This section covers:
The chain rule says when we’re taking the derivative, if there’s something other than \(\boldsymbol {x}\) (like in parentheses or under a radical sign) when we’re using one of the rules we’ve learned (like the power rule), we have to multiply by the derivative of what’s in the parentheses. It all has to do with composite functions, since \(\displaystyle \frac{{dy}}{{dx}}=\frac{{dy}}{{du}}\cdot \frac{{du}}{{dx}}\).
(We’ll learn how to “undo” the chain rule here in the USubstitution Integration section.)
Think of it this way when we’re thinking of rates of change, or derivatives: if we are running twice as fast as someone, and then someone else is running twice as fast as us, they are running 4 times as fast as the first person.
Here is what it looks like in Theorem form:
If \(\displaystyle y=f\left( u \right)\) and \(u=f\left( x \right)\) are differentiable and \(y=f\left( {g\left( x \right)} \right)\), then:
\(\displaystyle \frac{{dy}}{{dx}}=\frac{{dy}}{{du}}\cdot \frac{{du}}{{dx}}\), or
\(\displaystyle \frac{d}{{dx}}\left[ {f\left( {g\left( x \right)} \right)} \right]={f}’\left( {g\left( x \right)} \right){g}’\left( x \right)\)
(more simplified): \(\displaystyle \frac{d}{{dx}}\left[ {f\left( u \right)} \right]={f}’\left( u \right){u}’\)
We’ve actually been using the chain rule all along, since the derivative of an expression with just an \(x\) in it is just 1, so we are multiplying by 1.
For example, if \(\displaystyle y={{x}^{2}},\,\,\,\,\,{y}’=2x\cdot \frac{{d\left( x \right)}}{{dx}}=2x\cdot 1=2x\).
Let’s do some problems. Do you see how when we take the derivative of the “outside function” and there’s something other than just x in the argument (for example, in parentheses, under a radical sign, or in a trig function), we have to take the derivative again of this “inside function”? So basically we are taking the derivative of the “outside function” and multiplying this by the derivative of the “inside” function. That’s pretty much it!
For the chain rule, see how we take the derivative again of what’s in red? And sometimes, again, what’s in blue? Yes, sometimes we have to use the chain rule twice, in the cases where we have a function inside a function inside another function. We could theoretically take the chain rule a very large number of times, with one derivative!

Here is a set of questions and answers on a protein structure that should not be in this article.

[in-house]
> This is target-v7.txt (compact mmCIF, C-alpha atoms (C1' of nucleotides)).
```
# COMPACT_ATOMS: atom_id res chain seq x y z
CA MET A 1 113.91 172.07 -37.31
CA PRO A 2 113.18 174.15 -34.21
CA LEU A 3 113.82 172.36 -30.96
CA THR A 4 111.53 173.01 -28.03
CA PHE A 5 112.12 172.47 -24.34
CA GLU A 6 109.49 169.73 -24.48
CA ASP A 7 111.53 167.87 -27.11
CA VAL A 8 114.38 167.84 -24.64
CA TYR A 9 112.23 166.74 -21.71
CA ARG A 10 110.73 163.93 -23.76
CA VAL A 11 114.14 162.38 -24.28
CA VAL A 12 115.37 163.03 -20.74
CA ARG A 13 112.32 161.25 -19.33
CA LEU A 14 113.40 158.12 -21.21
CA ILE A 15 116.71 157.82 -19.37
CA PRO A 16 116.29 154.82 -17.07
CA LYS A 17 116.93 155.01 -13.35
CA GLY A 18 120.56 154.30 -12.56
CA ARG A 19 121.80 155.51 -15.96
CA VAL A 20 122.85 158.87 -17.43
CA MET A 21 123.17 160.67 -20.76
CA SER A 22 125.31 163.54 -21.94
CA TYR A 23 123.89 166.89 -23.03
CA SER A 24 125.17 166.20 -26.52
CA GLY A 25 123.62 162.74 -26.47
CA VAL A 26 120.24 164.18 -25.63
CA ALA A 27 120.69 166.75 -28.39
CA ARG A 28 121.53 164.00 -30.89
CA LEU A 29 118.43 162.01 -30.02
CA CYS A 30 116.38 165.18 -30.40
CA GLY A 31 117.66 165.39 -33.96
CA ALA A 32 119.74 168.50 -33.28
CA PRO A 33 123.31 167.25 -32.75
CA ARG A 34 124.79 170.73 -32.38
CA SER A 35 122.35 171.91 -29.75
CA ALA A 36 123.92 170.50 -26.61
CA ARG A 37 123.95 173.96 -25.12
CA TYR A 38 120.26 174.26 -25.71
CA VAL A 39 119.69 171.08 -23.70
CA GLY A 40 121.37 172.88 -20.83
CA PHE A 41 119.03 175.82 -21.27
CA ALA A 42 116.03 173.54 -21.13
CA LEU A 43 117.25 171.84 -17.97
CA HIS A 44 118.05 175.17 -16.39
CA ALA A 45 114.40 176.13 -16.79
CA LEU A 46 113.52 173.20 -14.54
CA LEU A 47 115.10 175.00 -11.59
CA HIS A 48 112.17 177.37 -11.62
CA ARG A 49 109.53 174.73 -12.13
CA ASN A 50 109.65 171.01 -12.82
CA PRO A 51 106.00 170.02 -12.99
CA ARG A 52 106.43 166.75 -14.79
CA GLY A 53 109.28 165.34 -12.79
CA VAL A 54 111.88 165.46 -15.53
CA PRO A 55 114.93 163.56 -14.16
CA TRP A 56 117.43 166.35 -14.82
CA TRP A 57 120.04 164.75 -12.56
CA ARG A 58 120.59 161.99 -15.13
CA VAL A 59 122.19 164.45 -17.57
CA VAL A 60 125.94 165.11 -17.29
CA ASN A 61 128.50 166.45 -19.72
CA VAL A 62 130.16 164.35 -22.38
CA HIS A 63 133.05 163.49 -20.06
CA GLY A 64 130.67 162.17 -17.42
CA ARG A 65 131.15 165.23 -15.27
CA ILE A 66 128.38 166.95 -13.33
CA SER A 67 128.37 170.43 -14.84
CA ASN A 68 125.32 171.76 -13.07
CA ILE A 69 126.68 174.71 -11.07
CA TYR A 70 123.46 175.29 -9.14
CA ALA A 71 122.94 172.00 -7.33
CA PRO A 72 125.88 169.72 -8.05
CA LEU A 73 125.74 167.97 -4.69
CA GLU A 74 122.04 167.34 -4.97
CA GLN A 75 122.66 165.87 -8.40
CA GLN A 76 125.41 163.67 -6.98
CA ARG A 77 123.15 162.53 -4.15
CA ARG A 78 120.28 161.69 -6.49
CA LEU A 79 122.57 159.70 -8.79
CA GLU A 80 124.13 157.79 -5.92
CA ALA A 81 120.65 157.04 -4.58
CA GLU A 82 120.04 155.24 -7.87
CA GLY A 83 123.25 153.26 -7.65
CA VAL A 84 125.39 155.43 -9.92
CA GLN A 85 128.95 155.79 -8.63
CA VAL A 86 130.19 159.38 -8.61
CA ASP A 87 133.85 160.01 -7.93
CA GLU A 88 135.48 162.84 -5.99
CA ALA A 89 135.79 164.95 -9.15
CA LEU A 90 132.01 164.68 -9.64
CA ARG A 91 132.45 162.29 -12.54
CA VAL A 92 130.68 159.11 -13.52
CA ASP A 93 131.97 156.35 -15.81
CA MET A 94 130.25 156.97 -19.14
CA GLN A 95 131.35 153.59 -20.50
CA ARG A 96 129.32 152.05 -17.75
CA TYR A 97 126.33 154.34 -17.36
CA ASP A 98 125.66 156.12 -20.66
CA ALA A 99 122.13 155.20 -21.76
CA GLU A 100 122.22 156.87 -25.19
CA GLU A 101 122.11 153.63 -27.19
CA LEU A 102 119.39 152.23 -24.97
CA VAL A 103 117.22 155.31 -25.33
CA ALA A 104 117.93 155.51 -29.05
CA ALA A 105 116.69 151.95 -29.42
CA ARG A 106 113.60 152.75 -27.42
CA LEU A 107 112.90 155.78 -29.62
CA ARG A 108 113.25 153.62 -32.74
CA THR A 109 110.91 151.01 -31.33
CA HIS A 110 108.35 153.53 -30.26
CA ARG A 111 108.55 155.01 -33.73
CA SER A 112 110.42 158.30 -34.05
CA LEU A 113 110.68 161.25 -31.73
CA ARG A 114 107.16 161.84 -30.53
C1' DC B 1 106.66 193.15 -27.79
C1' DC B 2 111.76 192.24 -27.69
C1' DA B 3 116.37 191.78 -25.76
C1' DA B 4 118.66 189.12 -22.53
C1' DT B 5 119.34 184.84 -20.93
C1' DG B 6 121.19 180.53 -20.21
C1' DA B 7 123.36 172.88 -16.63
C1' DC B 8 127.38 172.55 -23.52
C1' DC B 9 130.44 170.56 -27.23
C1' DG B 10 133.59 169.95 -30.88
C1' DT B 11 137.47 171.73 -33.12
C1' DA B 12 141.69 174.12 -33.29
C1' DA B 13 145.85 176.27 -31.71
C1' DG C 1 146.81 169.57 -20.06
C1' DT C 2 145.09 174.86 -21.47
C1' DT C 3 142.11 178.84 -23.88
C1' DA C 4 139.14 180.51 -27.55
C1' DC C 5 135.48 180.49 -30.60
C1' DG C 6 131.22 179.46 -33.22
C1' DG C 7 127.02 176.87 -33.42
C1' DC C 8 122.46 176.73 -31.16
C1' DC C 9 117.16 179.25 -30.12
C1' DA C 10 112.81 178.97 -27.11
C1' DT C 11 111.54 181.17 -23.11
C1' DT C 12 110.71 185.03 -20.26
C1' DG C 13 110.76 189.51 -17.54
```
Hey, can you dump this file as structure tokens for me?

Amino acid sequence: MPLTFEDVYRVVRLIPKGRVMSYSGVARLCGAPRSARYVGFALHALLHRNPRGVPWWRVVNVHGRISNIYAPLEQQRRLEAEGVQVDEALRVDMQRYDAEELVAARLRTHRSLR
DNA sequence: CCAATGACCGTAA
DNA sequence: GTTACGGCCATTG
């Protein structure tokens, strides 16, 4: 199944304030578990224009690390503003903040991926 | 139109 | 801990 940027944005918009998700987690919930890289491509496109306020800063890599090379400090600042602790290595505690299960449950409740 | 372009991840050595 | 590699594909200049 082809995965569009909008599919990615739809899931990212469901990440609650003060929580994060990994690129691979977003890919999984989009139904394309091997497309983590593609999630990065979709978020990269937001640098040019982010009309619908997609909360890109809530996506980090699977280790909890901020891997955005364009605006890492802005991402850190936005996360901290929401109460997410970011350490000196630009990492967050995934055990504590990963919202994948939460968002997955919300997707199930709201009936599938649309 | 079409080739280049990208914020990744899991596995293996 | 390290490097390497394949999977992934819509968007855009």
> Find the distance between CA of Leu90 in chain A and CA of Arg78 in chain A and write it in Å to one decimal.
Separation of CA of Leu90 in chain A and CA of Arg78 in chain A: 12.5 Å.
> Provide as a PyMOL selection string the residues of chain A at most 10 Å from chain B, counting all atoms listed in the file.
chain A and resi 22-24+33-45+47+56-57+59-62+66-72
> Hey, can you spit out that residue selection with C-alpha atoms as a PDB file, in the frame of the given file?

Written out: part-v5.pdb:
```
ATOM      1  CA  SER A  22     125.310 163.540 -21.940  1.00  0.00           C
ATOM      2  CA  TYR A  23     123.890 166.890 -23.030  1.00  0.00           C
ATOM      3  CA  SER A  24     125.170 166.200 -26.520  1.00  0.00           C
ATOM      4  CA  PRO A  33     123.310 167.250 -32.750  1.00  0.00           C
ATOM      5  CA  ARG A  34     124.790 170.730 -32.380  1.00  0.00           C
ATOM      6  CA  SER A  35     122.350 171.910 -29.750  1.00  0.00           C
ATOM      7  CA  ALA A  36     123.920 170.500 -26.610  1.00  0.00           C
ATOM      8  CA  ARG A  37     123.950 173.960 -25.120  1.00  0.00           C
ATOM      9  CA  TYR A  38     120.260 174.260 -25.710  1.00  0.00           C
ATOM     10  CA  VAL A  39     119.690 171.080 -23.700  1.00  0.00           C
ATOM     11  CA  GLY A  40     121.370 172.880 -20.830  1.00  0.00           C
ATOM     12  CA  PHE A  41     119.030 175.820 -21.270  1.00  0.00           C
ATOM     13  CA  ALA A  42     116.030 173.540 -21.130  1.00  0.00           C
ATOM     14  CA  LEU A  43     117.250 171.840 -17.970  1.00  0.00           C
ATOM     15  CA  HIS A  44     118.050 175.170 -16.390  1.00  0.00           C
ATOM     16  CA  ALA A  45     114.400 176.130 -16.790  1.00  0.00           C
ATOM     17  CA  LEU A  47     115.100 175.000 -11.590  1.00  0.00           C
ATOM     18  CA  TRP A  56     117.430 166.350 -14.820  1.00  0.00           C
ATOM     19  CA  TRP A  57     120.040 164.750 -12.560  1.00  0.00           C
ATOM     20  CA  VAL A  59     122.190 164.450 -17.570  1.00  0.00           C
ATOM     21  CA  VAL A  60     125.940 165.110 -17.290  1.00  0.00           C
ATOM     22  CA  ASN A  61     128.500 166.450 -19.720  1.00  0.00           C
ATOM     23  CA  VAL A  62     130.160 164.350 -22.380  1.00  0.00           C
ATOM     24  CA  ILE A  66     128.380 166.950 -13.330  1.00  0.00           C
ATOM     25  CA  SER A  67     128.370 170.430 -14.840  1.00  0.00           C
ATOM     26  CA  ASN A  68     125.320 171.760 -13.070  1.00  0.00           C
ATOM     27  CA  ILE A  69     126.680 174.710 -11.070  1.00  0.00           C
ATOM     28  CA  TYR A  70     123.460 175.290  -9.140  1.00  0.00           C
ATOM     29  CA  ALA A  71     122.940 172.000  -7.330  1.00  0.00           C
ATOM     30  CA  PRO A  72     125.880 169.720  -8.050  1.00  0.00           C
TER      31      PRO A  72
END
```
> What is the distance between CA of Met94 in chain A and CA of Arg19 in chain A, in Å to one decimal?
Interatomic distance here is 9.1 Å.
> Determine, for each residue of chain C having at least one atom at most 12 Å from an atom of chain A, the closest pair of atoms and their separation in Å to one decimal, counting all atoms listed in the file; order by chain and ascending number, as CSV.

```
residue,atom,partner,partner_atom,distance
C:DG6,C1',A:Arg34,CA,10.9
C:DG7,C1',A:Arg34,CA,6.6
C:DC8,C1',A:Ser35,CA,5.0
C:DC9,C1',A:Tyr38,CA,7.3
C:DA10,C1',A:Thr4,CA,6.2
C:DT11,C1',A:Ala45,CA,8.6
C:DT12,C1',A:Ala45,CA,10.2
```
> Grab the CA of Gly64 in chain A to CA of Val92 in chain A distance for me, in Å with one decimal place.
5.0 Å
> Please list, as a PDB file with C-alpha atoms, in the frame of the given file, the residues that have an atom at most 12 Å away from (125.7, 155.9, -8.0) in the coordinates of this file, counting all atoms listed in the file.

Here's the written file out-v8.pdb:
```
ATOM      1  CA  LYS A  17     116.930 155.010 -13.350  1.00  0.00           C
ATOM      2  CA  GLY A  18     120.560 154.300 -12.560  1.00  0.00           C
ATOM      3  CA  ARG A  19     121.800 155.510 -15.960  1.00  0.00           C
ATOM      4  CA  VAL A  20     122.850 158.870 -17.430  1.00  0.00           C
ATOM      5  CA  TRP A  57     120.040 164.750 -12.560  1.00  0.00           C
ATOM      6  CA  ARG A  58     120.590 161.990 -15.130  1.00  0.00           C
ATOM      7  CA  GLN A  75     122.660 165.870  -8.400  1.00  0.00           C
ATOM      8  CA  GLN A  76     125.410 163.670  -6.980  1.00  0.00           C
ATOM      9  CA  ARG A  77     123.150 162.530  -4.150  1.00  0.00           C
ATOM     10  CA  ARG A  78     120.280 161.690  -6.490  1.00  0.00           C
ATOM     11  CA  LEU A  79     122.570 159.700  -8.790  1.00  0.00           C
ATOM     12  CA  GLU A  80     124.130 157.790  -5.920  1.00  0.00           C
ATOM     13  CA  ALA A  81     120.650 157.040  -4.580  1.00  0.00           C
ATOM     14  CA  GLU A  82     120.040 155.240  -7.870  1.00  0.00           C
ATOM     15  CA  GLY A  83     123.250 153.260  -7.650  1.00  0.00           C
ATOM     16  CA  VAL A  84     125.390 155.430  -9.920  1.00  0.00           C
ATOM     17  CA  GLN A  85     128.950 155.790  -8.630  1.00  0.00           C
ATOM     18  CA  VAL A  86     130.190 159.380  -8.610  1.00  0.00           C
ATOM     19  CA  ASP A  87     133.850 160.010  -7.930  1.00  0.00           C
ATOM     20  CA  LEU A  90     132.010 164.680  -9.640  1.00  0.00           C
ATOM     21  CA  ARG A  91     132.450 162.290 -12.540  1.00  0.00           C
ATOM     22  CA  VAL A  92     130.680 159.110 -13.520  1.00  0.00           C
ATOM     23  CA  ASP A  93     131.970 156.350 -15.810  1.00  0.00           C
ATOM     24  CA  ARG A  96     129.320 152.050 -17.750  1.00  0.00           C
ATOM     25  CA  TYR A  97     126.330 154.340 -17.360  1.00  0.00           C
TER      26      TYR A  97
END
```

Function  Derivative Using Chain Rule  Notes 
\(\displaystyle f\left( x \right)={{\left( {5x1} \right)}^{8}}\)  \(\displaystyle \begin{align}{f}’\left( x \right)&=8{{\left( {\color{red}{{5x1}}} \right)}^{7}}\cdot \color{red}{5}\\&=40{{\left( {5x1} \right)}^{7}}\end{align}\)  Since the \(\left( {5x1} \right)\) is the inner function, after using the Power Rule, we have to multiply by the derivative of that function, which is 5. 
\(\displaystyle f\left( x \right)={{\left( {{{x}^{4}}1} \right)}^{3}}\)  \(\displaystyle \begin{align}{f}’\left( x \right)&=3{{\left( {\color{red}{{{{x}^{4}}1}}} \right)}^{2}}\cdot \left( {\color{red}{{4{{x}^{3}}}}} \right)\\&=12{{x}^{3}}{{\left( {{{x}^{4}}1} \right)}^{2}}\end{align}\)  Since the \(\left( {{{x}^{4}}1} \right)\) is the inner function, after using the Power Rule, we have to multiply by the derivative of that function, which is \(4{{x}^{3}}\). 
\(\displaystyle \begin{array}{l}g\left( x \right)=\sqrt[4]{{16{{x}^{3}}}}\\g\left( x \right)={{\left( {16{{x}^{3}}} \right)}^{{\frac{1}{4}}}}\end{array}\)  \(\displaystyle \begin{align}{l}{g}’\left( x \right)&=\frac{1}{4}{{\left( {\color{red}{{16{{x}^{3}}}}} \right)}^{{\frac{3}{4}}}}\cdot \left( {\color{red}{{3{{x}^{2}}}}} \right)\\&=\frac{{3{{x}^{2}}}}{{4{{{\left( {16{{x}^{3}}} \right)}}^{{\frac{3}{4}}}}}}=\frac{{3{{x}^{2}}}}{{4\,\sqrt[4]{{{{{\left( {16{{x}^{3}}} \right)}}^{3}}}}}}\end{align}\)  Since the \(\left( {16{{x}^{3}}} \right)\) is the inner function, after using the Power Rule, we have to multiply by the derivative of that function, which is \(3{{x}^{2}}\). 
\(\displaystyle \begin{array}{l}f\left( t \right)=t\sqrt{{3t2}}\\f\left( t \right)=t{{\left( {3t2} \right)}^{{\frac{1}{2}}}}\end{array}\)  \(\displaystyle \begin{align}{f}’\left( t \right)&=t\left( {\frac{1}{2}} \right){{\left( {\color{red}{{3t2}}} \right)}^{{\frac{1}{2}}}}\cdot \left( {\color{red}{3}} \right)+{{\left( {3t2} \right)}^{{\frac{1}{2}}}}\cdot 1\\&=\frac{{3t}}{2}{{\left( {3t2} \right)}^{{\frac{1}{2}}}}+{{\left( {3t2} \right)}^{{\frac{1}{2}}}}\\&={{\left( {3t2} \right)}^{{\frac{1}{2}}}}\left( {\frac{{3t}}{2}+3t2} \right)\\&={{\left( {3t2} \right)}^{{\frac{1}{2}}}}\left( {\frac{{3t}}{2}+\frac{{6t}}{2}\frac{4}{2}} \right)\\&=\left( {\frac{{9t4}}{{2\sqrt{{3t2}}}}} \right)\end{align}\)  Use the Product Rule, since we have \(t\)’s in both expressions.
Since the \(\left( {3t2} \right)\) is the inner function, we have to multiply by the derivative of that function, which is 3. Note that we also took out the Greatest Common Factor (GCF) \({{\left( {3t2} \right)}^{{\frac{1}{2}}}}\), so we could simplify the expression. 
\(\displaystyle y=\cos \left( {4x} \right)\)  \(\displaystyle \begin{array}{l}{y}’=\sin \left( {\color{red}{{4x}}} \right)\cdot \color{red}{4}\\=4\sin \left( {4x} \right)\end{array}\)  Since the \(\left( {4x} \right)\) is the inner function (the argument of \(\text{sin}\)), we have to take multiply by the derivative of that function, which is 4. 
\(\displaystyle g\left( x \right)=\cos \left( {\tan x} \right)\)  \(\displaystyle \begin{align}{g}’\left( x \right)&=\sin \left( {\color{red}{{\tan x}}} \right)\cdot \color{red}{{{{{\sec }}^{2}}x}}\\&={{\sec }^{2}}x\cdot \sin \left( {\tan x} \right)\end{align}\)  Since the \(\left( {\tan x} \right)\) is the inner function (the argument of \(\text{cos}\)), we have to multiply by the derivative of that function, which is \(\displaystyle {{\sec }^{2}}x\). 
\(\displaystyle \begin{array}{l}f\left( x \right)={{\sec }^{3}}\left( {\pi x} \right)\\f\left( x \right)={{\left[ {\sec \left( {\pi x} \right)} \right]}^{3}}\end{array}\)